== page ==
To all my readers: I owe you a debt of gratitude. You have pushed me to become better than I was.

 

©Timi Yeseibo 2016

 

  1. All dictionary definitions from English Oxford Living Dictionaries
  2. Gladwell, Malcom, Outliers, The Story of Success, (London: Penguin Books, 2009), 43 -44

 

Unauthorized use and/or duplication of this material without express and written permission from this blog’s author and/or owner is strictly prohibited. Excerpts and links may be used, provided that full and clear credit is given to Timi Yeseibo and livelytwist.wordpress.com with appropriate and specific direction to the original content.

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Stats, Guest Posts, and Audiences

stats, guest post & audiences

 

The quickest way to go where you have never been is to find someone who has gone where you want to go.

 

If what they say is true, that your potential audience reach spans people ten years younger and older than you are, most people who read Livelytwist are in their thirties, forties, and fifties. I do not know for sure. The implication for reaching broader audiences including people in their teens, twenties, sixties, seventies and beyond, may be a change in style.

An acquaintance signs off her emails with these words, star differs from star in splendor. I have thought often about what they mean. If our lives are our message to the world, then our vocation is our platform. I believe that our experiences, location, age, race, gender, talents, and so on, position us to reach certain audiences. That only some are able to cross the barriers that separate us, innately or through learning, and have, more mass appeal than others do.

This past blogging year, Livelytwist’s total number of blog views was lower than the previous year, but I witnessed a shift in the type of blog articles that received the highest number of views. In the past, articles, which I wrote received the most views. Last year, the top five articles viewed, apart from the ubiquitous Open Letter to Akpos—search engine terms must bring Akpos seekers to my blog—were articles that others wrote for my blog. In order of most views:

Hardwired For Sorry [3]
Think Like a Man, End up Without One [1]
Hardwired For Sorry [5]
Think Like a Man, End up Without One [2]
Shifting Gears [6]

Storytelling is an effective means of communicating with a diverse audience. As much as I enjoy writing, I do not possess the authority or authenticity to tell all the stories I want to and therefore reach as many people as I would like. As William Faulkner noted, “A writer needs three things, experience, observation, and imagination, any two of which, at times any one of which, can supply the lack of the others.”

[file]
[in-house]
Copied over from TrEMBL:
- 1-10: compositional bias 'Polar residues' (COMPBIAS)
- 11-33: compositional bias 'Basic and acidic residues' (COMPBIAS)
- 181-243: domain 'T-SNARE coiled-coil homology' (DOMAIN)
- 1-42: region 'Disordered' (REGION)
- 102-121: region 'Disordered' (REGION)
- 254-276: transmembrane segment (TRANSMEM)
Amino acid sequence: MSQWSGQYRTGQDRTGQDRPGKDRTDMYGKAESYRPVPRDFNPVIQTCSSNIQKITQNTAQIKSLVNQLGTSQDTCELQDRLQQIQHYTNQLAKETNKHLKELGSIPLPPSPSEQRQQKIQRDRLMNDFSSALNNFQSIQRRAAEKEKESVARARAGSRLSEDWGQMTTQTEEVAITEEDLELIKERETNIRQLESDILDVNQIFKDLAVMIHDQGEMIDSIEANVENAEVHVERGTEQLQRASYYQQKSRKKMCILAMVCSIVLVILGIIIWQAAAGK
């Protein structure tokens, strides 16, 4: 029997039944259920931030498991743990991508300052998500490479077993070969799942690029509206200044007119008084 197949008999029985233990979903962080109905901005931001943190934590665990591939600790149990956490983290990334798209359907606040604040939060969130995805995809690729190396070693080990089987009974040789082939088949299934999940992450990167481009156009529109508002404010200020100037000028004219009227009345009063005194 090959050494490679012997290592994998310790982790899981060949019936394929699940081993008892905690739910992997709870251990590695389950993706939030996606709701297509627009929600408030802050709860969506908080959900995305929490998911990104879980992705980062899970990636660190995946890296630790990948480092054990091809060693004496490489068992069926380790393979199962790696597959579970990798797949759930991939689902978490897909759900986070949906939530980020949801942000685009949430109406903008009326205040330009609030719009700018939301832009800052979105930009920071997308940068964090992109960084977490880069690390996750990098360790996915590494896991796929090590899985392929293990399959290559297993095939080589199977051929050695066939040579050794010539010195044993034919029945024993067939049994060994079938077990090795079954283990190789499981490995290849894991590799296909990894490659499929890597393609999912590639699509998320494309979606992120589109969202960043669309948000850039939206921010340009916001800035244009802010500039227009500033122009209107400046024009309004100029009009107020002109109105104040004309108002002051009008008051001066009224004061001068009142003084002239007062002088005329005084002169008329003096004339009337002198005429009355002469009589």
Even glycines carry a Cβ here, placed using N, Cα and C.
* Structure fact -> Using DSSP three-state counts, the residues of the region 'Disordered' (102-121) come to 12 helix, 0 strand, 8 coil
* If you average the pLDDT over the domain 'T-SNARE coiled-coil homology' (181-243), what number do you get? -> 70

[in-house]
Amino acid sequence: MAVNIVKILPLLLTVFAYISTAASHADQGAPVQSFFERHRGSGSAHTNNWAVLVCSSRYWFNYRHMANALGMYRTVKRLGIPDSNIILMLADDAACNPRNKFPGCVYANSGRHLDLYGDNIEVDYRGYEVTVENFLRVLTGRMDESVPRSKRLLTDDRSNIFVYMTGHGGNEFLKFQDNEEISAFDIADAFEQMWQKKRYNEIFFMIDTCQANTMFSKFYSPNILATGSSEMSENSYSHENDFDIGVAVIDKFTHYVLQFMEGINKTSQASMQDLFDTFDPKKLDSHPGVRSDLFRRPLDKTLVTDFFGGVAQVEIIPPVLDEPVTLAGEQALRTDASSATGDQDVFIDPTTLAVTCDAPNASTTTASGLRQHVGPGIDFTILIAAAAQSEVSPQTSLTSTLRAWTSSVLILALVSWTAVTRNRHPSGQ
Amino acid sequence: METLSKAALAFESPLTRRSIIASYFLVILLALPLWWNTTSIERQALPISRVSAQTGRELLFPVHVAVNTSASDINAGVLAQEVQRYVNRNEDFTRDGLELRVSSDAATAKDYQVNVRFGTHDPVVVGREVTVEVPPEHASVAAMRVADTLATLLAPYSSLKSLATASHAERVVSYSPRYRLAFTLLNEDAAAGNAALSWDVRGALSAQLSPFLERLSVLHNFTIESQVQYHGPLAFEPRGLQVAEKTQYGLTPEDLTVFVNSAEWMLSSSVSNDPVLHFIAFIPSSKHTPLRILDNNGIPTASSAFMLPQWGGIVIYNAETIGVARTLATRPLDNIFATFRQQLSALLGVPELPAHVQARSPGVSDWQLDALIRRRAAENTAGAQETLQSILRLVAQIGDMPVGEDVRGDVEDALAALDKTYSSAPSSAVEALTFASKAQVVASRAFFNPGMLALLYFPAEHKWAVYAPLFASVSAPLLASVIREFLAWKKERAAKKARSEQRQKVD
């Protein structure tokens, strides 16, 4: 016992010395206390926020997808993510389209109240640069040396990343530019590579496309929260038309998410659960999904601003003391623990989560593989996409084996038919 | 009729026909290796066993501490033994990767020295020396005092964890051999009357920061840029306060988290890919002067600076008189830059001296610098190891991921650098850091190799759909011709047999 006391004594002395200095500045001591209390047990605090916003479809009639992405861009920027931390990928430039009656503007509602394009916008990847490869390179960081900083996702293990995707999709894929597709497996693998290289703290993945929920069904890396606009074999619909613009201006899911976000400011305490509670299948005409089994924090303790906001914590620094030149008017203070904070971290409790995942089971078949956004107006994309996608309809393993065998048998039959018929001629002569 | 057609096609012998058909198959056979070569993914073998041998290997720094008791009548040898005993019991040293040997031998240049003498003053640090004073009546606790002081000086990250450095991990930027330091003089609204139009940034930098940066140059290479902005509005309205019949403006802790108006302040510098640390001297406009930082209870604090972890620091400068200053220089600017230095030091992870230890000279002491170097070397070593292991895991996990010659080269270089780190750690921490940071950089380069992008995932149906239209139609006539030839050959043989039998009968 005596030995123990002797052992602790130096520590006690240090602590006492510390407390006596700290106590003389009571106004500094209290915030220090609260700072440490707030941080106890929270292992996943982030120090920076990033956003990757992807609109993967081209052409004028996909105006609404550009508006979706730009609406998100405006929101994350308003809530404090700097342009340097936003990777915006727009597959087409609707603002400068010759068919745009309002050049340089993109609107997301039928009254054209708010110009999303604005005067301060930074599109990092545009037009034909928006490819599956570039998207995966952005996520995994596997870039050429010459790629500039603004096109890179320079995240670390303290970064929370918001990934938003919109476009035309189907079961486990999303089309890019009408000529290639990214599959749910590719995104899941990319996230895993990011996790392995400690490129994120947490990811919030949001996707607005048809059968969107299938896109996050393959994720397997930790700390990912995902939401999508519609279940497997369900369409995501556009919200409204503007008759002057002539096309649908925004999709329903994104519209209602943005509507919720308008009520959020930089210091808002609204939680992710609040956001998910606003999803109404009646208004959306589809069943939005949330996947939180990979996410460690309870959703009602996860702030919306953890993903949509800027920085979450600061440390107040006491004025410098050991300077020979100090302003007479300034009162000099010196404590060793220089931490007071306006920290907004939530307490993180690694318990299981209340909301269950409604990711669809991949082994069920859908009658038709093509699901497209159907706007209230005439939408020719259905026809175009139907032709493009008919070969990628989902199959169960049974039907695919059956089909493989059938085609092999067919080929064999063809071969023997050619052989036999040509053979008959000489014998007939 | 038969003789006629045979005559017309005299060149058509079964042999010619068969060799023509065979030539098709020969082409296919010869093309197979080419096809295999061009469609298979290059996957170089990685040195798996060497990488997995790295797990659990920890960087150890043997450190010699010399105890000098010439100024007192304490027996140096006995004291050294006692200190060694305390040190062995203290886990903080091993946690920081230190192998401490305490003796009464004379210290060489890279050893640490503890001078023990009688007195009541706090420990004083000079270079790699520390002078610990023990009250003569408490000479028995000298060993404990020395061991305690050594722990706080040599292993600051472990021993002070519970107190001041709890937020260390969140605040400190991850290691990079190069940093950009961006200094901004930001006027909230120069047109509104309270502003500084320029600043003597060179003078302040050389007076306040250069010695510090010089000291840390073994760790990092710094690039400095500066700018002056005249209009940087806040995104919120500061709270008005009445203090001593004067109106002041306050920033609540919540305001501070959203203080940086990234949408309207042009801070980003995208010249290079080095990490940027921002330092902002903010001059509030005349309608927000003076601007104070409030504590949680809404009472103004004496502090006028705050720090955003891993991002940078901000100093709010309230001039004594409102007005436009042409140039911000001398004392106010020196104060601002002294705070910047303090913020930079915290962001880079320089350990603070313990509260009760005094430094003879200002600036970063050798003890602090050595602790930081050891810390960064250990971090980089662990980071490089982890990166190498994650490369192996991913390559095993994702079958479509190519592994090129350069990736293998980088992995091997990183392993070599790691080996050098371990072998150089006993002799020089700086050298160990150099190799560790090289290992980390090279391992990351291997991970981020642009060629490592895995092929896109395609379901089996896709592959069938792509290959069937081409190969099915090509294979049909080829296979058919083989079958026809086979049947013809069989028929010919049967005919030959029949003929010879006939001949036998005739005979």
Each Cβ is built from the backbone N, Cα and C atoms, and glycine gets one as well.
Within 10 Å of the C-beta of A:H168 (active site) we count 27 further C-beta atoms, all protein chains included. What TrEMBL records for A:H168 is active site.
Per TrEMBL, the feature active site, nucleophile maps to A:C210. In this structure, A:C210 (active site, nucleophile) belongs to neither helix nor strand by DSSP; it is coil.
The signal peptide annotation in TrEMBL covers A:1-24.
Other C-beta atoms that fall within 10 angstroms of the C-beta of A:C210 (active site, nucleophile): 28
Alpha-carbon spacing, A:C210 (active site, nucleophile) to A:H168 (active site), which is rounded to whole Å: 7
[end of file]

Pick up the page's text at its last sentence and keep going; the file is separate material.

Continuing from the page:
By sharing my blog stage with others, Livelytwist gained more universal appeal. At least one teenager and one writer in his seventies contributed an article to a blog series last year, as well as writers in every other age category in between. At least one person in every continent, in 125 countries, viewed Livelytwist in 2015, up from 115 countries in 2014. Guest writers shared the stories they wrote for Livelytwist on their social networks, engaging audiences I may never have reached.

world stats 2015

 

country stats 2015

After I ran a series on my blog that featured other writers, a reader scolded me for not writing my own stories. I understood her loyalty, the queasiness, which occurs when vision expands and threatens the status quo; as if I would abandon my blog. I explained that I conceptualized the series, handpicked the writers, and in some cases edited their stories. Then I sent her the links to a couple of stories I had written as part of the series.

What do my stats tell me? Numbers sometimes mean little. Perhaps they confirm something I wrote in my notebook years ago—I want to tell other people’s stories. I am getting closer to that dream, am I not? And it is because you said yes to sharing your story on my blog.

Thank you!

 

© Timi Yeseibo 2016

 

Unauthorized use and/or duplication of this material without express and written permission from this blog’s author and/or owner is strictly prohibited. Excerpts and links may be used, provided that full and clear credit is given to Timi Yeseibo and livelytwist.wordpress.com with appropriate and specific direction to the original content.

Three Years On

three

The first time I met Lanre, I told him about my blog. He says it must be my passion, the subject of my blog snakes into every conversation. He wonders, as others do, why I do not monetize my blog. I sigh. As if money is everything; as if money isn’t everything.

I asked a friend to write an article for my blog. His article although well-written lacked that something I look for before I publish a post, but he did not think so, he being an accomplished writer. We reasoned back and forth, threatening our friendship, as when friends mistakenly become lovers, solid lines become indistinct; the ease of communication replaced by silent awkwardness.